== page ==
Furthermore, the shakiness of the comparison can also come from the selection of keywords. Since The Witcher or Witcher is the name of a video game released in 2017, neither of the two keywords isn’t exclusive to the show on Netflix. Unfortunately, Google Trends doesn’t offer a feature that can clearly separate the show and the video game. The best that we can do is to filter the results by categories. I tested it out by comparing the keywords: Witcher, The Witcher,

As the screenshot shows, there is a big different between “Witcher” and “The Witcher”. The gap is even starker when “Netflix” is added to the search terms. If we set “Art and Entertainment” as the category, the picture will look a bit different

The Witcher/Witcher keywords had a spike on 21st December 2019, one day after the launch of the Netflix show while Mandalorian hit its peak on 28th December 2019, one day after the season finale. The difference between the yellow line and the red line is closer when we look at “Art & Entertainment” alone than when we look at “All categories” which may likely include the effect from The Witcher video game.

Now, the result above still doesn’t offer the full picture thanks to the difference in geographical availability, Let’s look at the US, two markets where every show is available

If we look at the United States alone for All Categories, it looks more favorable for Mandalorian. When “Art & Entertainment” is applied, it fares even better for Mandalorian

Here are the results for Canada

What about Australia?

My point is that there are several factors that affect how the search terms are presented on Google Trends and how results should be interpreted. I don’t have an idea on how the competing shows actually fare. I do believe that the way Netflix presented the information and data in its report is misleading at best.

Disclosure: I have Disney and Apple stocks in my portfolio.

Baggage fees by airlines for domestic flights in the US

I came across this piece of news from Skift

JetBlue Airways is raising fees for checking bags again by $5 — to $35 for the first one and $40 for the second — on flights within the United States.

Baggage fees in the US have become a significant source of revenue for airlines in the US. In 2018, baggage fees brought more than $4.5 billion in revenue for major airlines in the US, compared to $1.1 billion in 2008. Throughout the first three quarters of 2019, the figures are well on their way to surpass the 2018 ones. Though I understand the monetary perspective through which many look at this issue, I find it annoying that airlines seemingly take advantage of customers this way. We often travel with luggage and for some certain routes, there are very few options as only one or two carriers operate on the routes. Customers have little freedom to choose.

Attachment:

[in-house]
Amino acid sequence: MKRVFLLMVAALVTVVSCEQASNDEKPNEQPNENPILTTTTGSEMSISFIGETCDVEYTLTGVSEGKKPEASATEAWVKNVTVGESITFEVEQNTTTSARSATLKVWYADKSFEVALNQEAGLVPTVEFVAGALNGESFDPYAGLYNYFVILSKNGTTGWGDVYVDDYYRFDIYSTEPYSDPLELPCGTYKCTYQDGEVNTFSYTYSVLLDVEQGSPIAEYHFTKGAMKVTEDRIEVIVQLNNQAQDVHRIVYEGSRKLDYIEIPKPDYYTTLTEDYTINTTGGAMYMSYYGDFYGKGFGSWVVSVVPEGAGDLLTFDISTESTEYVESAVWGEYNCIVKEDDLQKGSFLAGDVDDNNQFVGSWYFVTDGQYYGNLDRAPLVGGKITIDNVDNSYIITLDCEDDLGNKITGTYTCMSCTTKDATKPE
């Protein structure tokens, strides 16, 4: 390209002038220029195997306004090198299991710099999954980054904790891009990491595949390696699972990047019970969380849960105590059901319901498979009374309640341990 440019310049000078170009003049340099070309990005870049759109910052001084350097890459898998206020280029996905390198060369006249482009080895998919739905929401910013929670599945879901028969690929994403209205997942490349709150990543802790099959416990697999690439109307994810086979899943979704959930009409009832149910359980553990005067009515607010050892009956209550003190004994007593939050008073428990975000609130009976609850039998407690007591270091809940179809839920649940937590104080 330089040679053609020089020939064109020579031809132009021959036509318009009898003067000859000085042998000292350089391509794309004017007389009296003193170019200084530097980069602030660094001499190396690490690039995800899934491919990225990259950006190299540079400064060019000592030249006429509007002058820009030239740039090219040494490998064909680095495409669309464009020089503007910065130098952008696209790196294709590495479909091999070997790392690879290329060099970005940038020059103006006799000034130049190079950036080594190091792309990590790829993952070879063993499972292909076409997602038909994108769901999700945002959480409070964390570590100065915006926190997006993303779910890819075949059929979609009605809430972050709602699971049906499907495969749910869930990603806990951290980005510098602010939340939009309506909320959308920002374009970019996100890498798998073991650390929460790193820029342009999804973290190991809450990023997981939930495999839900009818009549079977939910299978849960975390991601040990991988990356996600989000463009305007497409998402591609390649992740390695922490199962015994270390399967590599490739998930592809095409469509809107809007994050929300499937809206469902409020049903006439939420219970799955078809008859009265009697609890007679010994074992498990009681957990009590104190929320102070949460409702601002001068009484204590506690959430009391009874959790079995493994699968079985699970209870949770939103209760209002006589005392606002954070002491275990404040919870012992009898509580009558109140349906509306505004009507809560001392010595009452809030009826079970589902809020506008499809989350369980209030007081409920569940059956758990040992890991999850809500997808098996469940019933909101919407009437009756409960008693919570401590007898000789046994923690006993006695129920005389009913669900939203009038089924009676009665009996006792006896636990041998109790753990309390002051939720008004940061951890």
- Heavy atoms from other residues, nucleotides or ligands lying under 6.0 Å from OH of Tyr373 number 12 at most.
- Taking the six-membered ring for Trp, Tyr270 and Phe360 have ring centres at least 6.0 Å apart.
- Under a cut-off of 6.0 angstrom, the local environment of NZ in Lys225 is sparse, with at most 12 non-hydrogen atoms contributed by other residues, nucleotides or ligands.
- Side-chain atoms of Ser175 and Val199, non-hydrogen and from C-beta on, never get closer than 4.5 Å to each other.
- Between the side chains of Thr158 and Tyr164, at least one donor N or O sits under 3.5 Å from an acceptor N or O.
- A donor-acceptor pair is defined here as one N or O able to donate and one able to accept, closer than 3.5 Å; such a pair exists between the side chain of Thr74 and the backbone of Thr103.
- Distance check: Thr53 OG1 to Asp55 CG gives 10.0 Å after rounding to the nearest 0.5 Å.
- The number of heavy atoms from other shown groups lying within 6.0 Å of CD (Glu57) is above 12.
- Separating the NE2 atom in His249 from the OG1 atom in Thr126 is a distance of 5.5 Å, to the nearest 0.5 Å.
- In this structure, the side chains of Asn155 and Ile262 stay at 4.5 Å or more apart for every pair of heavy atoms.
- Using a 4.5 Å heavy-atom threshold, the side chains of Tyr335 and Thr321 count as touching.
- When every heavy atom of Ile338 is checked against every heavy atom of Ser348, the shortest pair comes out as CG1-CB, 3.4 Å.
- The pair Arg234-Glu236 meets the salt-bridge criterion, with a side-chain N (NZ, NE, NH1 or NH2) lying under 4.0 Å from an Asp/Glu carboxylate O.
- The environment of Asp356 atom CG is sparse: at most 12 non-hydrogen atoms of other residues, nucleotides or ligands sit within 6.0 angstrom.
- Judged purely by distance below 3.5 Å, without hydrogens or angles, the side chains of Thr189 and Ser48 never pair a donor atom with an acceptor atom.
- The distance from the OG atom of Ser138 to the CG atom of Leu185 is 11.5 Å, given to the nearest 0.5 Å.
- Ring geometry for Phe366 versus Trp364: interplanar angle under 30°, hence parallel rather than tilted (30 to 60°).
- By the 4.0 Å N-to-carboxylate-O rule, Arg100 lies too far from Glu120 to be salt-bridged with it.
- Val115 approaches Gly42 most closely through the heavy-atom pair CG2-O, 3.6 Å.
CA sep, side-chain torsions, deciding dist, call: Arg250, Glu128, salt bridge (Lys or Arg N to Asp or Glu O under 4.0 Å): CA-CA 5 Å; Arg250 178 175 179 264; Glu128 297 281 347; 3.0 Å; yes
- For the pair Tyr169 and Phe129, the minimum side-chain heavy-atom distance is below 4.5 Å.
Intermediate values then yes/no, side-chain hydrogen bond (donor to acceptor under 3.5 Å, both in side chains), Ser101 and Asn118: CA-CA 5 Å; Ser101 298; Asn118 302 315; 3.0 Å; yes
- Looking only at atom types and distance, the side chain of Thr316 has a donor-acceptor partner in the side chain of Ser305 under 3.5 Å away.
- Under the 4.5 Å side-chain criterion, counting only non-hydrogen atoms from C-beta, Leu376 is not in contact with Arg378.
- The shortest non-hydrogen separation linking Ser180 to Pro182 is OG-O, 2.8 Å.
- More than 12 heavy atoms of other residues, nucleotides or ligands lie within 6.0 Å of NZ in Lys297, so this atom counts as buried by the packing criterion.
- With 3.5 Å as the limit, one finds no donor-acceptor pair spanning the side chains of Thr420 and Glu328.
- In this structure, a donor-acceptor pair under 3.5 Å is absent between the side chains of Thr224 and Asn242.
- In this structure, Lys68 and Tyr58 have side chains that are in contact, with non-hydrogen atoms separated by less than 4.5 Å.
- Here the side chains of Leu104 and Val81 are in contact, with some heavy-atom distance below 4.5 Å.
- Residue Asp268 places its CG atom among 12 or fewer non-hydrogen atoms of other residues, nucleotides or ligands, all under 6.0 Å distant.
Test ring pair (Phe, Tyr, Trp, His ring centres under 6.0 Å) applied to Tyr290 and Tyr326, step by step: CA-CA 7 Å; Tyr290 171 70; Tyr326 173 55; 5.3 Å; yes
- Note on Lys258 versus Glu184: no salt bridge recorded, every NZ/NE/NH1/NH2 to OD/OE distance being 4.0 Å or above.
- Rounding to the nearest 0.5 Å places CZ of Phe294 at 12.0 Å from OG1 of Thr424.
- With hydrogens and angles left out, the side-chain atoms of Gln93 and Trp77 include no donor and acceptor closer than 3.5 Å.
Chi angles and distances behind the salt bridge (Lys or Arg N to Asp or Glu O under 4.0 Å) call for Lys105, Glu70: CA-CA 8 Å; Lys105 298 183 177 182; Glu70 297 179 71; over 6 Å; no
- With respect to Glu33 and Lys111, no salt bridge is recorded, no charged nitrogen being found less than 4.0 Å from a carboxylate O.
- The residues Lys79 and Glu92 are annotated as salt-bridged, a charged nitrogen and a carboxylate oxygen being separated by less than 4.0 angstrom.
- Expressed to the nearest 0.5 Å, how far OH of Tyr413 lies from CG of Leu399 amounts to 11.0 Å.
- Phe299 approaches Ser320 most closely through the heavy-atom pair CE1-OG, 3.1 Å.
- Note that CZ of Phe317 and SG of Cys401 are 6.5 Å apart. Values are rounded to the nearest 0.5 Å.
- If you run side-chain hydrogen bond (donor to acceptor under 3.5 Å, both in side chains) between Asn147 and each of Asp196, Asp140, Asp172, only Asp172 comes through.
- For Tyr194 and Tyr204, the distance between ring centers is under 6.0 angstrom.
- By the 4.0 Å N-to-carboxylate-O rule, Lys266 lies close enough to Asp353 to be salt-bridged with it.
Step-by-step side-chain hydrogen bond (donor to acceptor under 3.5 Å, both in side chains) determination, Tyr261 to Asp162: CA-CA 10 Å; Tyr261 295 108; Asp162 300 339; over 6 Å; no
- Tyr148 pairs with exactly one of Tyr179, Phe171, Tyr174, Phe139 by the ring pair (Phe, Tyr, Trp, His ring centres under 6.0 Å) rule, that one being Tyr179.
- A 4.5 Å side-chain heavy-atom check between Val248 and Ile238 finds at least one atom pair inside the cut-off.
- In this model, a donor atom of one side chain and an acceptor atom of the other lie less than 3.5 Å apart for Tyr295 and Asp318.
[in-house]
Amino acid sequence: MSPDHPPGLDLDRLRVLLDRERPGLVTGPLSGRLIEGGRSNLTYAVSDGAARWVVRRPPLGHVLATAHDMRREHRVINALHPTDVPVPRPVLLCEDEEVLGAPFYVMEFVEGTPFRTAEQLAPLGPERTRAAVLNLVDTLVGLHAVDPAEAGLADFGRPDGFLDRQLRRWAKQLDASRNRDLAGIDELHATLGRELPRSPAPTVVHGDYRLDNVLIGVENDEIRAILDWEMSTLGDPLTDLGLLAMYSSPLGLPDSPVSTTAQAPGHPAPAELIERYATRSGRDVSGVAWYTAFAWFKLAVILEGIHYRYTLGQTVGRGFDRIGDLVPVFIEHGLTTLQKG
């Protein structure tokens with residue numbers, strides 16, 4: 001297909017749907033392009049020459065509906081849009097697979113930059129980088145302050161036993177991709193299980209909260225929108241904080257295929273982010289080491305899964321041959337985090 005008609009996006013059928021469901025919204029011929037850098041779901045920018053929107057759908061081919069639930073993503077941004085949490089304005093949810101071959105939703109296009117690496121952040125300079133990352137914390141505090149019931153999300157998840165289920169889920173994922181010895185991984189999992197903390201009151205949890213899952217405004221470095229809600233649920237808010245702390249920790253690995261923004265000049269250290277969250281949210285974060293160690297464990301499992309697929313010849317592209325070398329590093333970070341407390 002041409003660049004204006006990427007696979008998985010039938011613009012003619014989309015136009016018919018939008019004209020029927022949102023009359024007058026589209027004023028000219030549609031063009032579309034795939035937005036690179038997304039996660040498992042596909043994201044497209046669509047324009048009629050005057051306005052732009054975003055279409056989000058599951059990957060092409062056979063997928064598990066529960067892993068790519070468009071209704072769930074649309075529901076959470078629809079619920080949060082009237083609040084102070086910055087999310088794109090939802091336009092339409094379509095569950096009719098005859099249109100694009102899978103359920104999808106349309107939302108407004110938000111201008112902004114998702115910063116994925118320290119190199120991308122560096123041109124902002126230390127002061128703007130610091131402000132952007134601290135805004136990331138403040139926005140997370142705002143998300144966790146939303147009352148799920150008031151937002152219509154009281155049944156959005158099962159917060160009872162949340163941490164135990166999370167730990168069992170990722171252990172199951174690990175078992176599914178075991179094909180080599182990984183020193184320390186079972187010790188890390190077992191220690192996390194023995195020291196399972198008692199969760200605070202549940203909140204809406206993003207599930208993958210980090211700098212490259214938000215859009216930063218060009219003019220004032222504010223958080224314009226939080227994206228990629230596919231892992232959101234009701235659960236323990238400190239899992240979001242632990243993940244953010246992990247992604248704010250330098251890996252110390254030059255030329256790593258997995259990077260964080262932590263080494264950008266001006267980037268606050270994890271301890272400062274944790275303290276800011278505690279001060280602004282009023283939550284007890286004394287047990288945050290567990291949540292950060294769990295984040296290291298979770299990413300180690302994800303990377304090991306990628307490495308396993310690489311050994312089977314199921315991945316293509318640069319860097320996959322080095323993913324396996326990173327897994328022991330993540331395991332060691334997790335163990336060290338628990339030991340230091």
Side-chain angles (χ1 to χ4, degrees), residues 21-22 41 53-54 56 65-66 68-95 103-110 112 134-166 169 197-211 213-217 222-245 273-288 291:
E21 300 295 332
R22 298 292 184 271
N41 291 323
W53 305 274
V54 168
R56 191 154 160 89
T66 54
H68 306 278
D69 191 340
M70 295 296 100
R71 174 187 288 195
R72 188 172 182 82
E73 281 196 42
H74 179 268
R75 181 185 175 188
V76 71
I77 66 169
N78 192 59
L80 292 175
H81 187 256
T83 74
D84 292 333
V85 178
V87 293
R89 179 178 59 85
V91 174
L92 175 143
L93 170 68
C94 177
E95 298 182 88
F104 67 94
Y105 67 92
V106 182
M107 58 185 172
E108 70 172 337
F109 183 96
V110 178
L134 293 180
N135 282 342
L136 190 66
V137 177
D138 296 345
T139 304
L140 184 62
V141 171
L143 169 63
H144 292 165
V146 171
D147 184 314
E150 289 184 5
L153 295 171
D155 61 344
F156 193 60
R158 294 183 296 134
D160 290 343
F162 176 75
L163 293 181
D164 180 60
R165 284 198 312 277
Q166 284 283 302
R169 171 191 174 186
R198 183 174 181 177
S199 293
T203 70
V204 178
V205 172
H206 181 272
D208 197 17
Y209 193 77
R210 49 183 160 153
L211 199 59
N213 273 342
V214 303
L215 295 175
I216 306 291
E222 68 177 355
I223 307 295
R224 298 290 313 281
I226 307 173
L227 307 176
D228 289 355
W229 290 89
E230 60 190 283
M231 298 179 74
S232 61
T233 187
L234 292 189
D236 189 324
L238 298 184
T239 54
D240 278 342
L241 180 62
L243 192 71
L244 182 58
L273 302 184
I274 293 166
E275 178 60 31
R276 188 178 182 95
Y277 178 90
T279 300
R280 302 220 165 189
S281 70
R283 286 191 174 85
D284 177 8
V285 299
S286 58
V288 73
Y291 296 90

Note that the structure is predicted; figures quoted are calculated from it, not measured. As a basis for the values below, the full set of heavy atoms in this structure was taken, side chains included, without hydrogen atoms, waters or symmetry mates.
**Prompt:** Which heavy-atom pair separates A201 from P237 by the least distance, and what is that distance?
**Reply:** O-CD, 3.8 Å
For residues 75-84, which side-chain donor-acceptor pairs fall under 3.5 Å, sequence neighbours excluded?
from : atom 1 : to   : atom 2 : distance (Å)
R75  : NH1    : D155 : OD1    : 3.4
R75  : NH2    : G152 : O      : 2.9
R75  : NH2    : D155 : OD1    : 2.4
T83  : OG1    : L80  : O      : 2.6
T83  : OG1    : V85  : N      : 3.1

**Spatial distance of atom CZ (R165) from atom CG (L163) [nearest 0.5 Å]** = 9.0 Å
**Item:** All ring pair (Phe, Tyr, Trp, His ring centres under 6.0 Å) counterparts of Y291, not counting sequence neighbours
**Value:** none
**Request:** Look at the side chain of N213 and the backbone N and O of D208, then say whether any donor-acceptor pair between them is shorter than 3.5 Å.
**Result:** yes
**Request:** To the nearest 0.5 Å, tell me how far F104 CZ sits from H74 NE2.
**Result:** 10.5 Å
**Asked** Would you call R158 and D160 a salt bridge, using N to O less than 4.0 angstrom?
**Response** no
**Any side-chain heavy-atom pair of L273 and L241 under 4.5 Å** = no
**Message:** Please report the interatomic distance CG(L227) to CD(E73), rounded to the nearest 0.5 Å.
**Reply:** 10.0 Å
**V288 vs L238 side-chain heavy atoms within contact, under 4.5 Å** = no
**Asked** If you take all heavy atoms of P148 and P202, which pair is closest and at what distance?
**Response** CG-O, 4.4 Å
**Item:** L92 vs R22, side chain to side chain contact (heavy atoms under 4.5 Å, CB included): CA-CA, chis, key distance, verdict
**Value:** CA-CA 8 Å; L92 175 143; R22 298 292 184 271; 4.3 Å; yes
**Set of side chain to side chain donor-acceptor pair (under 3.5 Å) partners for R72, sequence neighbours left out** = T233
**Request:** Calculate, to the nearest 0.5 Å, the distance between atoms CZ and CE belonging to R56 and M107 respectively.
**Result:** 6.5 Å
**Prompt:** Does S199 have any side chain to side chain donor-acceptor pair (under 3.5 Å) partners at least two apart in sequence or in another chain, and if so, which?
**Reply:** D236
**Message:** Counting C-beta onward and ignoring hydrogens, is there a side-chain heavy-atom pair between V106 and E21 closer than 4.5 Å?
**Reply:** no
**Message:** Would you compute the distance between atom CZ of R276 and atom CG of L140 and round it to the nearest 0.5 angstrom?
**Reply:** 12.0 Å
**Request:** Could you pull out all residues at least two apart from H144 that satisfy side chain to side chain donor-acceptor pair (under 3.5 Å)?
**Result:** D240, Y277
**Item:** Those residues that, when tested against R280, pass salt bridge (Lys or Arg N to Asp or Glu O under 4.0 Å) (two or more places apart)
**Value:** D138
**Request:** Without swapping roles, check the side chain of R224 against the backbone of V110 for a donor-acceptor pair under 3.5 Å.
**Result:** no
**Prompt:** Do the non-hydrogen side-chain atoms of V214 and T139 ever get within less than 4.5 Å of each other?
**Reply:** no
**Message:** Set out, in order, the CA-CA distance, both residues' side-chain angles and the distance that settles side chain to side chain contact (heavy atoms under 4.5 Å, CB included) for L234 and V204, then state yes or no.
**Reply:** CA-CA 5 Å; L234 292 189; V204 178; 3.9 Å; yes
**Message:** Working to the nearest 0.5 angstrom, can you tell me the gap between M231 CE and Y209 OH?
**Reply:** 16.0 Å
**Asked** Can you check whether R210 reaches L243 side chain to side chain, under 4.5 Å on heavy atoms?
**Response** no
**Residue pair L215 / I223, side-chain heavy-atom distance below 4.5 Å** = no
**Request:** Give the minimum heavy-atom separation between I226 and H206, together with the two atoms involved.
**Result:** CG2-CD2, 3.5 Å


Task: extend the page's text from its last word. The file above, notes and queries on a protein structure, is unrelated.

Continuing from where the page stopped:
I compiled the baggage policy of major US airlines below, as well as some information on their baggage revenue and how much of the total revenue it makes up.

Source: Bureau of Transportation and official airlines’ websites

“Low price” airlines such as Frontier and Spirit have a significant portion of their revenue from baggage fees. The low prices are often misleading as we rarely travel without a carry on. Only an addition of carry-on fees will reveal the whole cost of a flight ticket with the low price airlines. Among the bigger carriers, as far as I know, only United Airlines (not shocked at all) charges customers for carry-on in certain cases.

Which business segment is the most profitable for McDonald's?

Overall business

McDonald’s main business segments include the company operated and franchised outlets. At the moment, franchised restaurants make up 93% of the total store count, not so far off the company target of 95%. Under the franchise segment, there are conventional franchise, developmental and foreign affiliate agreements, each of which comes with a different revenue and expense structure. Below is a diagram I quickly drew to summarize McDonald’s business structure

Getting into the weed

Between the company-operated restaurants and franchised counterparts, the latter have a much higher margin

Source: McDonald’s

The franchised outlets posted a 82% gross margin in 2018, compared to just about 17% by the company-operated restaurants. The three-year figures also indicated the shift of focus on being a franchisor. Revenue from franchised restaurants grew on average by 8% every year from 2016 to 2018. In the same period, the domestically run outlets recorded a decline of around 19% on average every year.

The focus on being a franchisor is also reflected on the lease agreements that the company has

Source: McDonald’s

In 2018, the company was on the hook for smaller rent expense at company-operated restaurants than at franchised outlets.

McDonald’s defines its main geographical segments as follows:

  • U.S. – the Company’s largest segment.
  • International Lead Markets – established markets including Australia, Canada, France, Germany, the U.K. and related markets.